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Why should an ideal fluid be incompressible?

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  1. Feb 22, 2016 #1
    Hi,

    I read that an ideal fluid needs to be frictionless and incompressible.
    Please explain why, especially the incompressible part?

    Thanks
     
  2. jcsd
  3. Feb 22, 2016 #2

    boneh3ad

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    It makes their mathematical treatment substantially easier.
     
  4. Feb 23, 2016 #3

    Lok

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    The bulk modulus of most materials is very high compared to usual pressures, resulting in insignificant compression of most materials. Solids usually are even more incompressible than liquids. Wiki the bulk modulus to get a feel for the forces involved.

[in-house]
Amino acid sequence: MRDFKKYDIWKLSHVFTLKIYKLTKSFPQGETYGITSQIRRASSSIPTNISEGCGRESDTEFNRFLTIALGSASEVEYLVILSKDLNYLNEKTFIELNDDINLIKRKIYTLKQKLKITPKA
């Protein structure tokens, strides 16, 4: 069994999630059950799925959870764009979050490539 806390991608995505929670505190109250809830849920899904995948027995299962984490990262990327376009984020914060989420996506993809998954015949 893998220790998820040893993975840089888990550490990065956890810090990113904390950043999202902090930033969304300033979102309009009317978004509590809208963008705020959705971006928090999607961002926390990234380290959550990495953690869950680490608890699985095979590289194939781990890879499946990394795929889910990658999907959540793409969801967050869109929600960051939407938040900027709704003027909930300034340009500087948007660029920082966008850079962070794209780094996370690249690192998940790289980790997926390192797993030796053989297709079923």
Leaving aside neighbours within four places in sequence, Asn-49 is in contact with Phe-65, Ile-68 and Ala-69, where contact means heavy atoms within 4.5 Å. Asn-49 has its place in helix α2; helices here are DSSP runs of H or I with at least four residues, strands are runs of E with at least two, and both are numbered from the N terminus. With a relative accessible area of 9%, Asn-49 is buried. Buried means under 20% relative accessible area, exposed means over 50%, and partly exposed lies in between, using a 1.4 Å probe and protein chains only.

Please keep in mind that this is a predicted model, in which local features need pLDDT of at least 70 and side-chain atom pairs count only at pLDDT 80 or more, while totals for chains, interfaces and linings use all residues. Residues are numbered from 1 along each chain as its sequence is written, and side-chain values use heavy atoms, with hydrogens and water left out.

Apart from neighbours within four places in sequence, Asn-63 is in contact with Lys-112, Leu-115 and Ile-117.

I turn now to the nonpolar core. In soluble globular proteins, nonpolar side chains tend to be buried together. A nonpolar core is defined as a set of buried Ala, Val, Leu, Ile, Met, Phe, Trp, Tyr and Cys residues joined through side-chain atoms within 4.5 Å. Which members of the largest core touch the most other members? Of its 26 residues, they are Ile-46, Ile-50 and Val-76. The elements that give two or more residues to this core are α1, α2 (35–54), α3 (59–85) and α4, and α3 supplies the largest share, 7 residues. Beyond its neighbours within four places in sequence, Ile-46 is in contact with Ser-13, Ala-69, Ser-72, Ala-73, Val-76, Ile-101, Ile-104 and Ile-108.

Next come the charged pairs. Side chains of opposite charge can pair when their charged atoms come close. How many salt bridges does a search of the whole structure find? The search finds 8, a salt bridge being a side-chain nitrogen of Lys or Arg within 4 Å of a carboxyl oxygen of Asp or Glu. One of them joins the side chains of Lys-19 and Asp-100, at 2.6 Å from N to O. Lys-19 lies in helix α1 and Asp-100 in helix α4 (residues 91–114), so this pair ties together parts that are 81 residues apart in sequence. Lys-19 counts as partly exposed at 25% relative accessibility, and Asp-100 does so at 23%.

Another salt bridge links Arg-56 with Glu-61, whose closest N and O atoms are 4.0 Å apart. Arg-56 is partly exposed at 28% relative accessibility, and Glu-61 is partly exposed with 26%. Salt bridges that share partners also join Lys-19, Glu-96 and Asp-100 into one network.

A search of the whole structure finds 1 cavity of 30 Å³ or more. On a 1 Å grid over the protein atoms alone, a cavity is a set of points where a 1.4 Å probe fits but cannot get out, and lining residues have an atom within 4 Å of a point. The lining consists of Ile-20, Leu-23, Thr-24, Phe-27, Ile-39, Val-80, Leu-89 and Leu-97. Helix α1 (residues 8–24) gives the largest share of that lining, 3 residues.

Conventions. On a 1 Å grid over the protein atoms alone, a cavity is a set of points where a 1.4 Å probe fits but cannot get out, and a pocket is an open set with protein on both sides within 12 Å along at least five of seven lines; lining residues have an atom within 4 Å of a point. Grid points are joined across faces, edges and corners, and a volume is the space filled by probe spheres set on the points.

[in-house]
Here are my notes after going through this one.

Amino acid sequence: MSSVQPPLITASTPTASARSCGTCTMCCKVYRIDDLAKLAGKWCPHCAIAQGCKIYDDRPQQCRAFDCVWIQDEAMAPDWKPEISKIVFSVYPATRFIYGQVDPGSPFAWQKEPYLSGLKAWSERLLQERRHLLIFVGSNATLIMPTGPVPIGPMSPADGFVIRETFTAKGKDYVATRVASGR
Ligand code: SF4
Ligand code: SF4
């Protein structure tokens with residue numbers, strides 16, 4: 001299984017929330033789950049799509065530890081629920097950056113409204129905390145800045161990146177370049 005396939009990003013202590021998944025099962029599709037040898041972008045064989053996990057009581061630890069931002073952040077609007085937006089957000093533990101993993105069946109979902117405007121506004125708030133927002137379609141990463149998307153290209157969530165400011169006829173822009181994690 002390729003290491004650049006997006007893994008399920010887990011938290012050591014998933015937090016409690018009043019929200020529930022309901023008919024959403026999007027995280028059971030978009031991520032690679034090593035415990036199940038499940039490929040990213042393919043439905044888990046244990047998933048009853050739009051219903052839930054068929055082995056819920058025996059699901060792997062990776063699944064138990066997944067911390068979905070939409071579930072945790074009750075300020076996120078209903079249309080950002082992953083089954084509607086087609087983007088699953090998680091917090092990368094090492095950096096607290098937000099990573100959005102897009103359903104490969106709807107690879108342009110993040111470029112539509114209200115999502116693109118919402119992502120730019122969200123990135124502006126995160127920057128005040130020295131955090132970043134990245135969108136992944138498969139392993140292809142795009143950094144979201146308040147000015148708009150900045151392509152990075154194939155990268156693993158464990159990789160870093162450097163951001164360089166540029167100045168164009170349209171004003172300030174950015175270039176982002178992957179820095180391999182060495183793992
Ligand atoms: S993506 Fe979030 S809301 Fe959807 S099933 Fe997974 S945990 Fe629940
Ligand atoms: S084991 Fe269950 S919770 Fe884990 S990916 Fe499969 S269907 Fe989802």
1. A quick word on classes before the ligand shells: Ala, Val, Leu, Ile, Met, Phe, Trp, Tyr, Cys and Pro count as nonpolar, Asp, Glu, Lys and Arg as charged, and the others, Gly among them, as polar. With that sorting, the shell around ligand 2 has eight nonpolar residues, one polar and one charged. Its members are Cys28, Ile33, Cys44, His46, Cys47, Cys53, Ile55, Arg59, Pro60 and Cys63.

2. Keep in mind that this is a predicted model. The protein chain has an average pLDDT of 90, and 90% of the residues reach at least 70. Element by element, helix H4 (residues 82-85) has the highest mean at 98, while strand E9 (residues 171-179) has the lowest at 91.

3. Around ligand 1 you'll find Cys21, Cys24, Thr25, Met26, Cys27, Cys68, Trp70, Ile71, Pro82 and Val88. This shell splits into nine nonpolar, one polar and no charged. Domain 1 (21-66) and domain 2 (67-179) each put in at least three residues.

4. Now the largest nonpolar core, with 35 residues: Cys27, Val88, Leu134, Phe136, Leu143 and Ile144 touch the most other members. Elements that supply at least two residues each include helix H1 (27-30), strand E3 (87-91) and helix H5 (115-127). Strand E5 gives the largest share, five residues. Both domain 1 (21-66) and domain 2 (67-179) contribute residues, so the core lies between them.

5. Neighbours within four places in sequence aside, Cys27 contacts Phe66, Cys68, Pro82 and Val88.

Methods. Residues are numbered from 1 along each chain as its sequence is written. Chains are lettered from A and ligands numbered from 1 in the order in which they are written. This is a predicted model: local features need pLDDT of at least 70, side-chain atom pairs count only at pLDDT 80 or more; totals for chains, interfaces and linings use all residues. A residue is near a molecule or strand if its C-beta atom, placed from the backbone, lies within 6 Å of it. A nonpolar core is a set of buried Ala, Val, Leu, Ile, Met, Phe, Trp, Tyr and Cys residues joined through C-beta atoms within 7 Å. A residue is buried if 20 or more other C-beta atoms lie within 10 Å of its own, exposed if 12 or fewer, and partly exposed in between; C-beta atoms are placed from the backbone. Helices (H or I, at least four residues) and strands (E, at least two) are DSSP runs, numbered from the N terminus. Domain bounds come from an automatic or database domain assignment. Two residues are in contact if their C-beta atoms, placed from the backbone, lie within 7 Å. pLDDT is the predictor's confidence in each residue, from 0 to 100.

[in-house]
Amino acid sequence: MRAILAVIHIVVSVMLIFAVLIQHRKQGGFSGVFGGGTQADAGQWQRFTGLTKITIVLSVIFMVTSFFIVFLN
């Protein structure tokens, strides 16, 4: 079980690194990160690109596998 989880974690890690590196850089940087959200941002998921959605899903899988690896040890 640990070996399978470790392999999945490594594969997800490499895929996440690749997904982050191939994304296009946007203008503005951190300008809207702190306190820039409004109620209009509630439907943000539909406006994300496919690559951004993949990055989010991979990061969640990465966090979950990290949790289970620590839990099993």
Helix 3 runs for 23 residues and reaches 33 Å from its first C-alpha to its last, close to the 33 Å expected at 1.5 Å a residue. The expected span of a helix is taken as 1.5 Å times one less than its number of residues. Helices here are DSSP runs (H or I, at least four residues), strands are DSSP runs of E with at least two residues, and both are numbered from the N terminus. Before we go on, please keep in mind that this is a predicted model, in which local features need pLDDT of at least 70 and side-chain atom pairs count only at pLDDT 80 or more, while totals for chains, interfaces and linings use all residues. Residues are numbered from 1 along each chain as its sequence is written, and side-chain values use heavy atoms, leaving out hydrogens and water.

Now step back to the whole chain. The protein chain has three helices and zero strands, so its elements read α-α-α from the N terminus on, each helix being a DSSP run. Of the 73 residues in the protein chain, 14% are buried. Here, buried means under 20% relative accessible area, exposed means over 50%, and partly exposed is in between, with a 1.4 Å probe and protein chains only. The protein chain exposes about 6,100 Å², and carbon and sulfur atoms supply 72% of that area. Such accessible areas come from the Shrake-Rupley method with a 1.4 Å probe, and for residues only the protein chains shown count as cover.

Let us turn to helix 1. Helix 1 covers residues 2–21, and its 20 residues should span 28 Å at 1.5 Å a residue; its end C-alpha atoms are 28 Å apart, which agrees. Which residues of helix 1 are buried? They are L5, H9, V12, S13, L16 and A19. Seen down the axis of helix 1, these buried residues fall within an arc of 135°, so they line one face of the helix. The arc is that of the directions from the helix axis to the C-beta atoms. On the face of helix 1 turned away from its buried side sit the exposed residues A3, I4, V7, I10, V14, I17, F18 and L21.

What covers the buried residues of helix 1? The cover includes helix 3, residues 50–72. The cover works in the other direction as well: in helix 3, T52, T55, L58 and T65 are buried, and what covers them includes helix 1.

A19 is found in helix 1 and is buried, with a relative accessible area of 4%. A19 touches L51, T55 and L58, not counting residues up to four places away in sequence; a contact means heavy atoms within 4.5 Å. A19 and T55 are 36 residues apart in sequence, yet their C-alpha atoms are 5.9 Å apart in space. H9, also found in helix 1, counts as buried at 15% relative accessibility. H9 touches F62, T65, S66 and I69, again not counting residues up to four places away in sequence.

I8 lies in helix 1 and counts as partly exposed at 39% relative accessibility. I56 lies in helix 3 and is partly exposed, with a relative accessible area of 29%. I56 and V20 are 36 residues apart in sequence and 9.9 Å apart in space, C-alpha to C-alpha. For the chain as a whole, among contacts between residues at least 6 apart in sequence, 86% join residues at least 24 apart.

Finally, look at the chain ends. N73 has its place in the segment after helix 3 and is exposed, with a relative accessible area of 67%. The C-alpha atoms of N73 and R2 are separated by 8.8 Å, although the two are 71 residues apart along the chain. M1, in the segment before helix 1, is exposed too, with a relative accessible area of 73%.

5. Feb 23, 2016 #4

    cjl

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    As boneh3ad said, "ideal", in the context of a lot of math and science isn't saying that we wish real fluids behaved like that, it's about making assumptions/simplifications that make analysis easier (or in some cases, that make analysis possible at all). Compressibility dramatically increases the difficulty of fluid dynamics, so if you can ignore it, it makes a lot of sense to do so.
     
  6. Feb 24, 2016 #5

    boneh3ad

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    As my PhD advisor often said, an ideal fluid is an 18-year-old, single malt Scotch whisky.
     
  7. Feb 24, 2016 #6

    cjl

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    I think that's a definition I can get behind.
     
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